New Courses Examine Power through Comedy and Food Media

Whether it’s learning from YouTube tutorials, scrolling TikTok, or binge-watching our favorite late-night comedy and cooking shows, media consumption has softened the blow of the ongoing pandemic. It’s also served as a source of inspiration for two new Media Studies courses taught by Assistant Professor and General Faculty member Pallavi Rao

In Food, Media, and Popular Culture, students are assigned a combination of creative and critical work to dissect their own experience with culinary media. To accomplish this, they examine content from food writing, cookbooks, mukbangs, dietary media, food countercultures, celebrity chefs, travel shows, and competitive cooking programs. For her final project, Samantha Bonde (’22) created a cooking video that examines the experiences of women in the kitchen throughout history.

Just Kidding: Humor and Laughter Across Popular Media explores the vibrant world of comedy through different media forms in America. Structured by genre, students study a variety of content including stand-up and physical comedy, political satire, TV sitcoms, and memes. The course then challenges students to think critically about how humor works. “The question is never ‘Is this funny or not?’ That’s almost beside the point,” said Rao. Instead, students consider the psychology and cultural conventions behind humor. For example, inspired by Keaton Patti, Haoyang Li (’23) wrote an animated short video titled, I Forced A Bot to Watch 1,000 Hours of Anime by combining seriousness and absurdity to poke fun at the cliches and stereotypes of the anime genre.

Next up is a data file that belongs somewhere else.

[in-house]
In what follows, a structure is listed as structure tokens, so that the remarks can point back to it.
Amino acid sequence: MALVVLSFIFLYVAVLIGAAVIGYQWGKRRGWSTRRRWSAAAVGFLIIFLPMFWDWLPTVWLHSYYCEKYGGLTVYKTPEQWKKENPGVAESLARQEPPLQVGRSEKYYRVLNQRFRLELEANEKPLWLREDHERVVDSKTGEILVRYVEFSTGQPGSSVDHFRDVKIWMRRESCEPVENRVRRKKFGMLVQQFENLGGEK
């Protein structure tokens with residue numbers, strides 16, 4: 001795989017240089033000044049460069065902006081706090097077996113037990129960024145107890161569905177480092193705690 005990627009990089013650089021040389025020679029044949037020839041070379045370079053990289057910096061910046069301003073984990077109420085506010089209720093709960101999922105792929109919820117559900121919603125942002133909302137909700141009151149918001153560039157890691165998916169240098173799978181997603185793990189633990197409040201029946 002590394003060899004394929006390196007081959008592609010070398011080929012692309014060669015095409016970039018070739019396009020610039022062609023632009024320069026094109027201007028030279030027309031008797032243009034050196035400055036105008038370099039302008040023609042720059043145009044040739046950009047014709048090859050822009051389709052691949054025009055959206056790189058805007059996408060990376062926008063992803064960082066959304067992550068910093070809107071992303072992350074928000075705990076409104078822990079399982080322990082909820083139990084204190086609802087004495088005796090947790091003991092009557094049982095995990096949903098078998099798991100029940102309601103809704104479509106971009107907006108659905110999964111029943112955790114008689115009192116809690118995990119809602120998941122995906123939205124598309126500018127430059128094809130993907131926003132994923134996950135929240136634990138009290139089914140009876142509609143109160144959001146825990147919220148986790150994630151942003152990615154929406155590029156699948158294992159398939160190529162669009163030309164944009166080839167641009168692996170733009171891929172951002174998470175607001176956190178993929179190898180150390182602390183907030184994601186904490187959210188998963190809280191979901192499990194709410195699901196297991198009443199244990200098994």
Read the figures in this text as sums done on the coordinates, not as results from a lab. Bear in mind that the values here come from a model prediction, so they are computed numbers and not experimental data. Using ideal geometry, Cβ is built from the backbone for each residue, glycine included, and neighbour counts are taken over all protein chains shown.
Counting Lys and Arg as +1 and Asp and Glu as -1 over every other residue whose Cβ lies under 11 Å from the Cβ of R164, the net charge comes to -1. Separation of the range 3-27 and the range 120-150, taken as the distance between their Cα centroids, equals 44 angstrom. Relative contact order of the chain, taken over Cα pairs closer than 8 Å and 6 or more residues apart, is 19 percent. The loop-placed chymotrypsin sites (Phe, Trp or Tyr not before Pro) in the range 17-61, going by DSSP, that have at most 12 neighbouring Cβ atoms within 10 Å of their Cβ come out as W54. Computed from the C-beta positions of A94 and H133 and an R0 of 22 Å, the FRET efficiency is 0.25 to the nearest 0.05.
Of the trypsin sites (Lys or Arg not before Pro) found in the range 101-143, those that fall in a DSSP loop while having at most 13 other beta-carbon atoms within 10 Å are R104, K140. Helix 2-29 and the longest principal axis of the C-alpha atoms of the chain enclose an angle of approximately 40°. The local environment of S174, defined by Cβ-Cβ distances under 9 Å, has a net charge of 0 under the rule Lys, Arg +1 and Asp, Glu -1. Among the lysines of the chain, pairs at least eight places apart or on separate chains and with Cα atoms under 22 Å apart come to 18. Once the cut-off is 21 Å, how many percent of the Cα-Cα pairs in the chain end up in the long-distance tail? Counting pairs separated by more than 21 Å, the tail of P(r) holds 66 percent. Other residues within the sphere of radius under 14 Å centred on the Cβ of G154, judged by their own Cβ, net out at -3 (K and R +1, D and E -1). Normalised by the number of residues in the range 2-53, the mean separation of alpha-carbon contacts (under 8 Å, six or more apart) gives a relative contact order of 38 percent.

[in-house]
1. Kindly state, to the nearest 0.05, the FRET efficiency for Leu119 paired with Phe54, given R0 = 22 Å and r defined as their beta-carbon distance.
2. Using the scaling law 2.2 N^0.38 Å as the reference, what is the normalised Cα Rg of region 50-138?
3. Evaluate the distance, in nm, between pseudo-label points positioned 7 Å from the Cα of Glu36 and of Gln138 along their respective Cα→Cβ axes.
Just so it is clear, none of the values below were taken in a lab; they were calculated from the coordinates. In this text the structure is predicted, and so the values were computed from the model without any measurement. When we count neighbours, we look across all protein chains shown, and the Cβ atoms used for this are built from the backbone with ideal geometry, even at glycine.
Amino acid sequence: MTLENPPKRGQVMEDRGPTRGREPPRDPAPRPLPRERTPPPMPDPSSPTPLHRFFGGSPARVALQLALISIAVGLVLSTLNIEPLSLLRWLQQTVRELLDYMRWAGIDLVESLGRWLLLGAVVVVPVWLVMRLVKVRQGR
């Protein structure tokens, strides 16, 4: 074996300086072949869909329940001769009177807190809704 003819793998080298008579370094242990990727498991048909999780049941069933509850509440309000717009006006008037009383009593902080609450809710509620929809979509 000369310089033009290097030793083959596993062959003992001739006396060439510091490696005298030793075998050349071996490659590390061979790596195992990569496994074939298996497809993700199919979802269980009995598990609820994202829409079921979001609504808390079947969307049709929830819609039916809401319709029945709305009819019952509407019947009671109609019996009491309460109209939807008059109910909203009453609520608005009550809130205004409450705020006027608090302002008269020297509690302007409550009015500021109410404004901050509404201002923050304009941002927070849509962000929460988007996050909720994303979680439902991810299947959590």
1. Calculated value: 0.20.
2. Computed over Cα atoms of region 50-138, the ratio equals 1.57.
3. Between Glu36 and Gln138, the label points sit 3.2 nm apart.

In both courses, Rao challenges students to explore the intersection of power and popular culture by asking big questions about representation, money, and embedded messages. She explains, “Popular media is very much a place where everyday ideas of power and power relations are played out. Giving students the tools to recognize that, engage with it, and perhaps even create their own content is something I hope they take away.” Both courses will be offered this spring.